It was 15th October 1945, and Manchester was at the forefront of the battle against European colonialism. For six days, the city gathered together and empowered Africans worldwide, organising the 5th Pan African Congress to tackle the consequences of colonisation. In recognition of this momentous occasion, Manchester will be holding a commemorative conference this October to mark the 70th Anniversary of the congress.
This commemoration could not come at a more appropriate time. Last week, the Prime Minister David Cameron declared that issues with historic injustices, recent wars, poverty or hardship were merely a ‘grievance justification’. In a keynote speech aimed at tackling extremism and promoting integration, the Prime Minister disregarded key issues that affect ethnic minorities in Britain today.
In contrast, the original Pan African Congresses were a series of meetings intended to address issues facing Africa as a result of the European colonisation of the continent, rather than dismiss them. The 5th Pan African Congress was significant. Taking place directly after WWII, at a time when people sought to come together in the so-called spirit of ‘45, delegates convened in efforts to end racial discrimination and colonial rule. They set out demands for better human rights and equal economic opportunity for Africans across the globe. The event was the first to be organised by Africans themselves, and delegates included the only US representative W.E. Dubois, a perennial feature of the congress and the British representative Amy Ashwood Garvin, who opened the ceremony. The revolutionary figures Kwame Nkrumah and Jomo Kenyatta were also in attendance, using this influential convention to lay out their plans to achieve independence for their respective countries.
Considering the issues still surrounding ethnic minorities today; institutionalised racism, racial discrimination, deaths in police custody and high unemployment to name a few, surely it’s time to reflect on the heritage and ‘grievances’ of neo-colonialism, rather than forget? Such attitudes have limited progress within Britain as well as across the global diaspora. It is also time to remember the efforts of those that preceded us, including those that organised and attended the 1945 Pan African Congress and persevere to continue with their work.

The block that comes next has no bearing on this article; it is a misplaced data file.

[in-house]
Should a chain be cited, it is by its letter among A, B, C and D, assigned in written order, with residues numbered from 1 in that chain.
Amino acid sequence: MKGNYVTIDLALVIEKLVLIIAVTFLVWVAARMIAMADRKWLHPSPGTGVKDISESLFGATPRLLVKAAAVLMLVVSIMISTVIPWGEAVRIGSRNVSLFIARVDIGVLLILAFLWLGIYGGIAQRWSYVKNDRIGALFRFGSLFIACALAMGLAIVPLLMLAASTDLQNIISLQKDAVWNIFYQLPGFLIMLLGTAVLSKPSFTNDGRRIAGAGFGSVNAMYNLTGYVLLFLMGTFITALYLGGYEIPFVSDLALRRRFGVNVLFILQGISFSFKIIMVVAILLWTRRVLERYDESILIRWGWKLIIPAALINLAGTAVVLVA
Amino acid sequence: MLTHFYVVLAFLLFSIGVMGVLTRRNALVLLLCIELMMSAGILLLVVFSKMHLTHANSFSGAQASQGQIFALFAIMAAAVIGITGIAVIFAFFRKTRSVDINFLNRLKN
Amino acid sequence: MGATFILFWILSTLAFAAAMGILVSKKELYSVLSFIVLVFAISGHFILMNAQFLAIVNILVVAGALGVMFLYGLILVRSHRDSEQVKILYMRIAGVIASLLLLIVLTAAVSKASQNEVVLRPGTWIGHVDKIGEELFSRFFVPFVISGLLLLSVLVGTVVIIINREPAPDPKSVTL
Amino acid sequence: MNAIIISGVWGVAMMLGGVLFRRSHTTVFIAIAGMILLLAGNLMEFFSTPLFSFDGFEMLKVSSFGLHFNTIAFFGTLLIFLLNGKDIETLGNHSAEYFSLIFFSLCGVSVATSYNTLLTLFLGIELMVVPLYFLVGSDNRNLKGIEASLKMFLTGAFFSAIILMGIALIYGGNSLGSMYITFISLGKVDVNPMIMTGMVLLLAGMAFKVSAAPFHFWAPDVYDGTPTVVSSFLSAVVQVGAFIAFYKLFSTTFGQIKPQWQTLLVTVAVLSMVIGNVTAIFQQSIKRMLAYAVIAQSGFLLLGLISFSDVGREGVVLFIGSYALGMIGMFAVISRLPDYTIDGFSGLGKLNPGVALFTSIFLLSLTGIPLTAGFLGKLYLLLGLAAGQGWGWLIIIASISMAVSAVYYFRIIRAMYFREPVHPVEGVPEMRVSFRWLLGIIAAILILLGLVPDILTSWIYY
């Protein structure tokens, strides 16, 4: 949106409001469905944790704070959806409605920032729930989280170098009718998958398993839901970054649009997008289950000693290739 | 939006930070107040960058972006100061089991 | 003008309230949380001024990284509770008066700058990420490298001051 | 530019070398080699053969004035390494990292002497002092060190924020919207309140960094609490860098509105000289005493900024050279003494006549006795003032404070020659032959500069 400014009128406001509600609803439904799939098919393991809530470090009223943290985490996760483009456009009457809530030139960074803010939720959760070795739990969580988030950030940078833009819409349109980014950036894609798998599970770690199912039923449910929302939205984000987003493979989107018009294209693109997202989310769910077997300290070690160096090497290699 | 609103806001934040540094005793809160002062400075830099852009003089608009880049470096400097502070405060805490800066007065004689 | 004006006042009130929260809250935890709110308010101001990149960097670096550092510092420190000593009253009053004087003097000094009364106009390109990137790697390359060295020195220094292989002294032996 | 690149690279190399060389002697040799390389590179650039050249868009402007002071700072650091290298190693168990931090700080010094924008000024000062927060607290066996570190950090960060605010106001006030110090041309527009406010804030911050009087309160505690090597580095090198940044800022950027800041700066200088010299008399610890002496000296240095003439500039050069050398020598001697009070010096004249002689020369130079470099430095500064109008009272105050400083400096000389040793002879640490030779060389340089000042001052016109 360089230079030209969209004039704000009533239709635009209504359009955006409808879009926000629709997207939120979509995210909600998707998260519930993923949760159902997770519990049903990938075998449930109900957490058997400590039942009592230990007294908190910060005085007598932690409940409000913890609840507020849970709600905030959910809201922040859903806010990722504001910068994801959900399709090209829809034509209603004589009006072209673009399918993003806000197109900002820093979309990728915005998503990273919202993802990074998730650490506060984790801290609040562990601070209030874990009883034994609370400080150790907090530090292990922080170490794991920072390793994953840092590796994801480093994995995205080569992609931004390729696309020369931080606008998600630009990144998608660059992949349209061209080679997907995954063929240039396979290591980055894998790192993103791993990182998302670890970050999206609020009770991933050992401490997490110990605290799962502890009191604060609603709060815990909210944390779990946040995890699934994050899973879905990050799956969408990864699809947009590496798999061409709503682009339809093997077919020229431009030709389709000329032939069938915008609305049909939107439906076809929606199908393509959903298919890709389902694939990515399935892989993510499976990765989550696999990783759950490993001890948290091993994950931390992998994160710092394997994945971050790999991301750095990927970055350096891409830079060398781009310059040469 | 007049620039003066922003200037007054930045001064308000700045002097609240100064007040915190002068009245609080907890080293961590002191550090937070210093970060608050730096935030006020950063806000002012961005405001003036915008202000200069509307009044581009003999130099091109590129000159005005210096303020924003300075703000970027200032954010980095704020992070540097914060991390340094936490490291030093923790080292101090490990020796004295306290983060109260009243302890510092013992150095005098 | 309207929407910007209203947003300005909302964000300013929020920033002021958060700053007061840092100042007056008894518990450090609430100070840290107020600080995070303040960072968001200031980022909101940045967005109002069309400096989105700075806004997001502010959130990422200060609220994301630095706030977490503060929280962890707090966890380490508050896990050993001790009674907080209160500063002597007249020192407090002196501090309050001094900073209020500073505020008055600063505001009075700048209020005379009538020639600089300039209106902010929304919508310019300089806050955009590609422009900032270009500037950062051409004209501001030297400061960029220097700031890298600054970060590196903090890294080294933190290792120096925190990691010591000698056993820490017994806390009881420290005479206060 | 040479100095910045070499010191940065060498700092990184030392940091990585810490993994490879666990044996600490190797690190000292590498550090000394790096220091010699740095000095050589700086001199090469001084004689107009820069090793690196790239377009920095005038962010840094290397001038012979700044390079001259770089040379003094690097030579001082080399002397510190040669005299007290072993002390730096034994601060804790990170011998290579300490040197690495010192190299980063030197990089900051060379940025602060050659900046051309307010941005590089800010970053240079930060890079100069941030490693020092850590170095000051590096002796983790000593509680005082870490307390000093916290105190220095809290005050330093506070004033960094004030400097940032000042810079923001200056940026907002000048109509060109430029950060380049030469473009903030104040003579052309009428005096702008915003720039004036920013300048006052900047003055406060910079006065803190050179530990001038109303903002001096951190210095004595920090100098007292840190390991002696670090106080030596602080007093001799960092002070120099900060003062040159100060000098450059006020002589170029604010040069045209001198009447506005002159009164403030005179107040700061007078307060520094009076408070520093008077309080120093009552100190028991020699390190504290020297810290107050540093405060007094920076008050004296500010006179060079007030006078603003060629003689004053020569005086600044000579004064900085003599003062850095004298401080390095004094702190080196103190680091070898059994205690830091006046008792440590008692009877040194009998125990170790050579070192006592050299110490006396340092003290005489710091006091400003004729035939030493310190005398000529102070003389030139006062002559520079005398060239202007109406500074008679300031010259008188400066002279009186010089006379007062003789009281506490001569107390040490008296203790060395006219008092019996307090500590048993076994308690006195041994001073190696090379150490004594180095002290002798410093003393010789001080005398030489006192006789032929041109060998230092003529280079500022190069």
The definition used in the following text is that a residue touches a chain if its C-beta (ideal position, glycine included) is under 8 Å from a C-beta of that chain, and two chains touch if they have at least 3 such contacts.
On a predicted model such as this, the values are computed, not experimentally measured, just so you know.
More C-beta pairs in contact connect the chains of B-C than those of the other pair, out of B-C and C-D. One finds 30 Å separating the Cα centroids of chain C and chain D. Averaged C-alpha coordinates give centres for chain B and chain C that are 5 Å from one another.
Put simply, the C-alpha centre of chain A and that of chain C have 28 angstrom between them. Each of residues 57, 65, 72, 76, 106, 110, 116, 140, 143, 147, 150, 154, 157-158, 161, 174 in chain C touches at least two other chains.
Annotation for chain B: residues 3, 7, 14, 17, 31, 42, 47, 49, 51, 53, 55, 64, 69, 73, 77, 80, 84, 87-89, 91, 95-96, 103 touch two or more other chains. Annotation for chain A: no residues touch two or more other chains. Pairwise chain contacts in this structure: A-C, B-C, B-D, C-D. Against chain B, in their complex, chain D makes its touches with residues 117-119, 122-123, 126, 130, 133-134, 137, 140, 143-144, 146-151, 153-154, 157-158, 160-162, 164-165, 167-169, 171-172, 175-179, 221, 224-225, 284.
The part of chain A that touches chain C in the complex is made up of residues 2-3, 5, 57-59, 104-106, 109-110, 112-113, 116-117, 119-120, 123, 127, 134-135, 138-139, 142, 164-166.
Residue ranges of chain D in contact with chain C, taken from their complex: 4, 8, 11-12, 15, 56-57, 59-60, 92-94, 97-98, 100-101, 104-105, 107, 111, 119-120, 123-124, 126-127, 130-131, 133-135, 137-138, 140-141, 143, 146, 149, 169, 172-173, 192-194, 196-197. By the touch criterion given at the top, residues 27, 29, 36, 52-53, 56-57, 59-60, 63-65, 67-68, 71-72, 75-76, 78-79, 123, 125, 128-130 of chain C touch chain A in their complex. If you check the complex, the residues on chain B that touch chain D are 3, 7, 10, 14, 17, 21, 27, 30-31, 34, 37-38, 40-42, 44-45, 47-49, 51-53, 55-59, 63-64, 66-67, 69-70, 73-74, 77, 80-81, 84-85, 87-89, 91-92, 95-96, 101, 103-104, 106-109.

The 2015 commemorative conference promises to uphold the spirit of 1945 and explore the issues that affect Africans on a global basis; economically, politically and socially. Organised by a Manchester based Planning Committee, the event will take place on Friday 16th October – Sunday 18th October. International keynote speakers will open up the celebrations, discussing 1945 and beyond.
The meeting will also comprise of activities, rallies and a youth conference. A full list of speakers and activities will be available soon. For further information or if you would like to get involved please email email@example.com.
TNT News Joanne Muigua
PRESS RELEASE October 12th 2015
PAC45 Young Roots Project wins Heritage Lottery Fund support
Today, First Cut Media, THE PAC45 Foundation and the Ahmed Iqbal Ullah Education Trust have received £34,800 from the Heritage Lottery Fund (HLF) for an exciting project, “PAC45 Young Roots” in Manchester. Led by young people from the local community, the project focuses on the heritage of the 1945 Pan African Congress held in Manchester and makes connections with world events today, as discussed at the PAC45 Conference in Manchester, 16-18 October 2015.
Between 15-20 young people will participate in the PAC45 Conference, conduct interviews and receive audio-visual production, post production and online publishing training. They will play a key role in producing a TV documentary programme, web pages and social media about Pan-Africanism in the world today. The young people will use the knowledge and skills they gain to become heritage advocates; making heritage more accessible and relevant to the needs and interests of other young people and huge online audiences. The project will culminate with a celebration screening event at the end of January 2016.
Decisions taken at the 1945 5th Pan African Congress ultimately led to the liberation of the African Nations (at the time only Ethiopia and Liberia were independent). The political consciousness in Manchester was very strong and people of African descent brought together delegates from all over the world to make resolutions for justice and equality. Working with heritage professionals from the Ahmed Iqbal Ullah Education Trust, the PAC45 Young Roots participants will gain a deeper insight into the historic 5th Pan African Congress, as well as learning new digital media skills for their careers.
Commenting on the award, First Cut Media Chairperson Ian Johns said: “We give thanks for the support of the Heritage Lottery Fund. The Young Roots project will be broadcasting the bigger picture: Cultural education promotes participation in our liberation. Manchester hosted the most significant 5th PAC in 1945 and now 70 years on this opportunity will help young people to raise their consciousness to be proud of their African heritage and to engage in reshaping the future of Pan-Africanism.”
Explaining the importance of the HLF support, the head of the HLF in the North West, Sara Hilton, said: “Thanks to National Lottery players we’re delighted to support this project which marks the 70th anniversary of an incredibly important international event as well as celebrating its regional links and exploring the lasting legacy it has had for our communities. This project is a wonderful opportunity for the young people of Manchester to gain skills, get creative with their new found knowledge and connect with their heritage.”